Goddard MFAW faculty Michael Klein: The beautiful writer, John Berger, who died a day into the New Year once said to the living: “hope is not a form of guarantee; it’s a form of energy, and very frequently that energy is strongest in circumstances that are very dark.” For all of you, I wish radical hope.
Goddard MFAW faculty Kenny Fries: Dear Young Disabled Writer and Disabled Writers Not Yet Born,
You might ask: What does this have to do with the disturbing results of the recent U.S. election? Why is this story important for me to impart to you at this time?
When I was born in 1960 nobody knew whether I would live or die. When, after four weeks in an incubator, my parents were able to take me home, nobody knew whether I’d be able to walk.
Now, here I am fifty-six years later, alive and, most of the time, still walking.
“This issue celebrates the pain and brilliance in the breaths we take or don’t. See how much time has to offer in the 2016 issue of Clockhouse.” So says Editorial Director Sarah Cedeño in her reflection on what so many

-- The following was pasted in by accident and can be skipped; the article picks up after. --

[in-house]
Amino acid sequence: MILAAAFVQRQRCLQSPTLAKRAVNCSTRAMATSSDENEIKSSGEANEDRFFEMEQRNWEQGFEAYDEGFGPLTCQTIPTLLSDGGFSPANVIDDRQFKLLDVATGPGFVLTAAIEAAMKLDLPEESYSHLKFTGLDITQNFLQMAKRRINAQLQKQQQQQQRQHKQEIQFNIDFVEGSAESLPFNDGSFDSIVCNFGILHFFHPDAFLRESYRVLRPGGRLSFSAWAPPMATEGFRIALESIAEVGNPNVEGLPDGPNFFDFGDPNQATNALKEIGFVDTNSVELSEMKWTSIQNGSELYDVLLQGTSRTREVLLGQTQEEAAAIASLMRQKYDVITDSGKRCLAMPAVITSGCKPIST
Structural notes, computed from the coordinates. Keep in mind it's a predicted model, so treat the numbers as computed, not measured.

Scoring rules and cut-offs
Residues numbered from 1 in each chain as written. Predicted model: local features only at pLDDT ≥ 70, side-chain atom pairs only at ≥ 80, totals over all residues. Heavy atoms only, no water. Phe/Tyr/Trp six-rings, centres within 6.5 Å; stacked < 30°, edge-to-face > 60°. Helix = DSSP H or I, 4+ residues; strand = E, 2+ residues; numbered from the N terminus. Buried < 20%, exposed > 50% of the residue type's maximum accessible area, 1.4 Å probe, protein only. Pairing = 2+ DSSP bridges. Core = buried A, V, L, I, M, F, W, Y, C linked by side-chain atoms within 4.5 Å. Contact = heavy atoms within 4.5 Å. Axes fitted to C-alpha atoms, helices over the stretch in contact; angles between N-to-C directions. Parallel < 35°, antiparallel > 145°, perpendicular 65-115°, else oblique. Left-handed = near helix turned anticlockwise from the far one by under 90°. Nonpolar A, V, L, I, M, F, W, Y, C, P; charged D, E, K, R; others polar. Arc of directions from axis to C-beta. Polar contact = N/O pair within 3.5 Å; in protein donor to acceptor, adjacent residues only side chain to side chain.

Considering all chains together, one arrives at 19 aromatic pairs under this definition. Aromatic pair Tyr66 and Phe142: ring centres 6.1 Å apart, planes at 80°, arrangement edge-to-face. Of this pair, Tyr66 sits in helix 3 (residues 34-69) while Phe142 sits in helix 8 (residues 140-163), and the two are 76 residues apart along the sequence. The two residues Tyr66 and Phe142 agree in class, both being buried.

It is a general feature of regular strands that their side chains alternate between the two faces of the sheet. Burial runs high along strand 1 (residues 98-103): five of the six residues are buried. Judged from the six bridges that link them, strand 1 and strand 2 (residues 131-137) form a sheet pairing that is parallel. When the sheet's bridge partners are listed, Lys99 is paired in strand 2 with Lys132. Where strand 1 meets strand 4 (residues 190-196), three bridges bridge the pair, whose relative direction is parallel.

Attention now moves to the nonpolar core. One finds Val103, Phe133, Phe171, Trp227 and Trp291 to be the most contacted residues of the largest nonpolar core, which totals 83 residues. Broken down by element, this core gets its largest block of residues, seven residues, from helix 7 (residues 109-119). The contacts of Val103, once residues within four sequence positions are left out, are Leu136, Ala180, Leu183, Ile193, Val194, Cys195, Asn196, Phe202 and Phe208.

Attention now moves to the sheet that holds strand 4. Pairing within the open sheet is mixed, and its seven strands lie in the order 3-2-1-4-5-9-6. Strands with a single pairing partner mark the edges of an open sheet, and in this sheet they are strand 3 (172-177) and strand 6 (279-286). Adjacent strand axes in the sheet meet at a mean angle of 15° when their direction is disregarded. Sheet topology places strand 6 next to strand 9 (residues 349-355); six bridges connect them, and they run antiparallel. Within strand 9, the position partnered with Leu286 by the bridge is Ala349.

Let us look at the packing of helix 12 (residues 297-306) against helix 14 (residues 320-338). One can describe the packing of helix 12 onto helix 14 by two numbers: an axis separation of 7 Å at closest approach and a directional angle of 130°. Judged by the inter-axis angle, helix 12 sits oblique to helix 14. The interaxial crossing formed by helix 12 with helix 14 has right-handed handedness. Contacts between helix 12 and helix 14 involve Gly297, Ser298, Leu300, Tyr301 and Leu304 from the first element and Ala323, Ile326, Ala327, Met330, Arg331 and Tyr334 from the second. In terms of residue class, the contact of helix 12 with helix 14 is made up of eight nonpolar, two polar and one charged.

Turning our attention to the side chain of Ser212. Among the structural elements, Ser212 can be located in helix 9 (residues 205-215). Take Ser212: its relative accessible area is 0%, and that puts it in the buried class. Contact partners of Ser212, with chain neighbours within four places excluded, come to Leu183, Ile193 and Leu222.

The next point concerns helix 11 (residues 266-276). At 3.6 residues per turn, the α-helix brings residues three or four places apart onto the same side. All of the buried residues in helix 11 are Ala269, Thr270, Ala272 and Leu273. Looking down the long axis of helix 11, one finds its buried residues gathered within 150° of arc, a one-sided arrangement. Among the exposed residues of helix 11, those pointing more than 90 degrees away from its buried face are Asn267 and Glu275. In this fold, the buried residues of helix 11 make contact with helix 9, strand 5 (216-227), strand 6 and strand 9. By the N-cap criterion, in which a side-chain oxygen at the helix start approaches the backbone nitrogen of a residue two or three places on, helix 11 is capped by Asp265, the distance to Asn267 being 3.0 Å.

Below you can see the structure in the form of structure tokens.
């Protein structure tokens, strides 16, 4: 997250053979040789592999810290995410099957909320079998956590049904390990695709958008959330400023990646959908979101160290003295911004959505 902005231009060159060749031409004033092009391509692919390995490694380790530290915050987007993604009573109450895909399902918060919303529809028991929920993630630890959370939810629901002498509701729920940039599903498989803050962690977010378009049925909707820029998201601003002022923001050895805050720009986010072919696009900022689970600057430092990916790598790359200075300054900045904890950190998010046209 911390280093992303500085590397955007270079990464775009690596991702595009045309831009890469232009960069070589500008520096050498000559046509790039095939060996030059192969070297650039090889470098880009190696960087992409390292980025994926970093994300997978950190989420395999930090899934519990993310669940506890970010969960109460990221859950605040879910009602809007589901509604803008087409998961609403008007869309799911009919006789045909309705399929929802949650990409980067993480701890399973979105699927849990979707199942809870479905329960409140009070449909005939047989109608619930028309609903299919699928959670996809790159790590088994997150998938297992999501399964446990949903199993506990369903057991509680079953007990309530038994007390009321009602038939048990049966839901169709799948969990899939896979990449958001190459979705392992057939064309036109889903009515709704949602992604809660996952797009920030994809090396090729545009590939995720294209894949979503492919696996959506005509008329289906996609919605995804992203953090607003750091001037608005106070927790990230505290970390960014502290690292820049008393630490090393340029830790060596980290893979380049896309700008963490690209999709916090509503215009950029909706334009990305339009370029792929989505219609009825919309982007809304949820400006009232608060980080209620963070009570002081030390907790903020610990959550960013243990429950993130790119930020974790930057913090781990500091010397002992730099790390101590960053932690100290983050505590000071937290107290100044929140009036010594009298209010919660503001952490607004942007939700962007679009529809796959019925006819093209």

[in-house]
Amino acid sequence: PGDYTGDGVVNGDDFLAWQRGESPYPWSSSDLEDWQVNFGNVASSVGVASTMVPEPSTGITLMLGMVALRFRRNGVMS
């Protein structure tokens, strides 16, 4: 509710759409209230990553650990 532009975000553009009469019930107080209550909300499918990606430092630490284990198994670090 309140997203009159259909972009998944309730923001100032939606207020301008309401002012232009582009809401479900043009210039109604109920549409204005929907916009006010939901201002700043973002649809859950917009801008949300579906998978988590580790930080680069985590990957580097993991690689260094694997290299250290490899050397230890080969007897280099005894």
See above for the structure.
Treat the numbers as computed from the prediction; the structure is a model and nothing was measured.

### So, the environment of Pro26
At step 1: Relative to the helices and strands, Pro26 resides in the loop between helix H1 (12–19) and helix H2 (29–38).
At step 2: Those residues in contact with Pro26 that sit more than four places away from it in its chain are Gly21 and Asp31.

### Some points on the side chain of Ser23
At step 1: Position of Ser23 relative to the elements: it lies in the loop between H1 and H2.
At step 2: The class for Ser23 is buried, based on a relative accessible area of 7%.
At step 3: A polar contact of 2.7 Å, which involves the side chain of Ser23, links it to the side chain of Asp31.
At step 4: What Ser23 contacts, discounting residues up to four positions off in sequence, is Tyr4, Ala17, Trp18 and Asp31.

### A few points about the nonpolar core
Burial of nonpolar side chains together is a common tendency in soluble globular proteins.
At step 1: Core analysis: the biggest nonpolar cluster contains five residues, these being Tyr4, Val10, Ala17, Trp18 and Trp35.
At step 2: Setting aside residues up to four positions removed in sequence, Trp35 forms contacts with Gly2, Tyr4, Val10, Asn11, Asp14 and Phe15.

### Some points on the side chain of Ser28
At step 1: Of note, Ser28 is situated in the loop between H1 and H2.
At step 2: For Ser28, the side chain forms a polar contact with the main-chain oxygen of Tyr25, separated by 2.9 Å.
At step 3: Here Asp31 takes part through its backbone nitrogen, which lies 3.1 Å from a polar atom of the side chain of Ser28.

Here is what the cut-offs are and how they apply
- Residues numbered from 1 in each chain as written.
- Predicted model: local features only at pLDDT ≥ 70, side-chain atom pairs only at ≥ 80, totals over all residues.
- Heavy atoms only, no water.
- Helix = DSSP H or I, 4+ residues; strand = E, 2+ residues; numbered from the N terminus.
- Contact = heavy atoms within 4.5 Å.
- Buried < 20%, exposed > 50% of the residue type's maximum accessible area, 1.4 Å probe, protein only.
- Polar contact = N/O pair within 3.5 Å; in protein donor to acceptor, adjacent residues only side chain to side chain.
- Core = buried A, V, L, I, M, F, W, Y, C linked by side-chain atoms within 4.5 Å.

Copies of 2016’s Clockhouse Volume Four are available, and submissions are still open for what will be Clockhouse’s 2017 Volume Five. Published in partnership with Goddard College by the Clockhouse Writers’ Conference, Clockhouse is an eclectic conversation about the work-in-progress of
Goddard MFA alumna Teresa Mei Chuc writes, “If you’re in NYC on Sat., July 30th, I hope you can join us for a poetry reading at Poets House. Several Goddard College MFA in Creative Writing alumni will be there: Drew Dillhunt (Port Townsend, WA), David Giver (Plainfield, VT), Susan Deer Cloud (Plainfield, VT) and Teresa Mei Chuc (Plainfield, VT).
Goddard MFA faculty member Michael Klein gives us permission to share his poem Harmonium. Here’s a taste: “Peace is revolutionary—that hasn’t changed / but intelligence is less popular now. And inspiration. / There’s no money in it. Some of us have been possessed by a more fearful version / of who we are and aim the camera at ourselves to make sure we are living.”
By Heather Leah Huddleston Poets use fewer words than writers of other genres, and maybe because of this, their very existence is oftentimes viewed as somewhat magical, definitely romantic. It seems that everyone these days wants to be a “writer”
We’re offering what we hope is a timely reminder that Clockhouse’s submission period is open. We’ve worked hard to get the word out–you’ll see the call in Poets & Writers, The Writer’s Chronicle, New Pages, Narrative, and other outlets–but here’s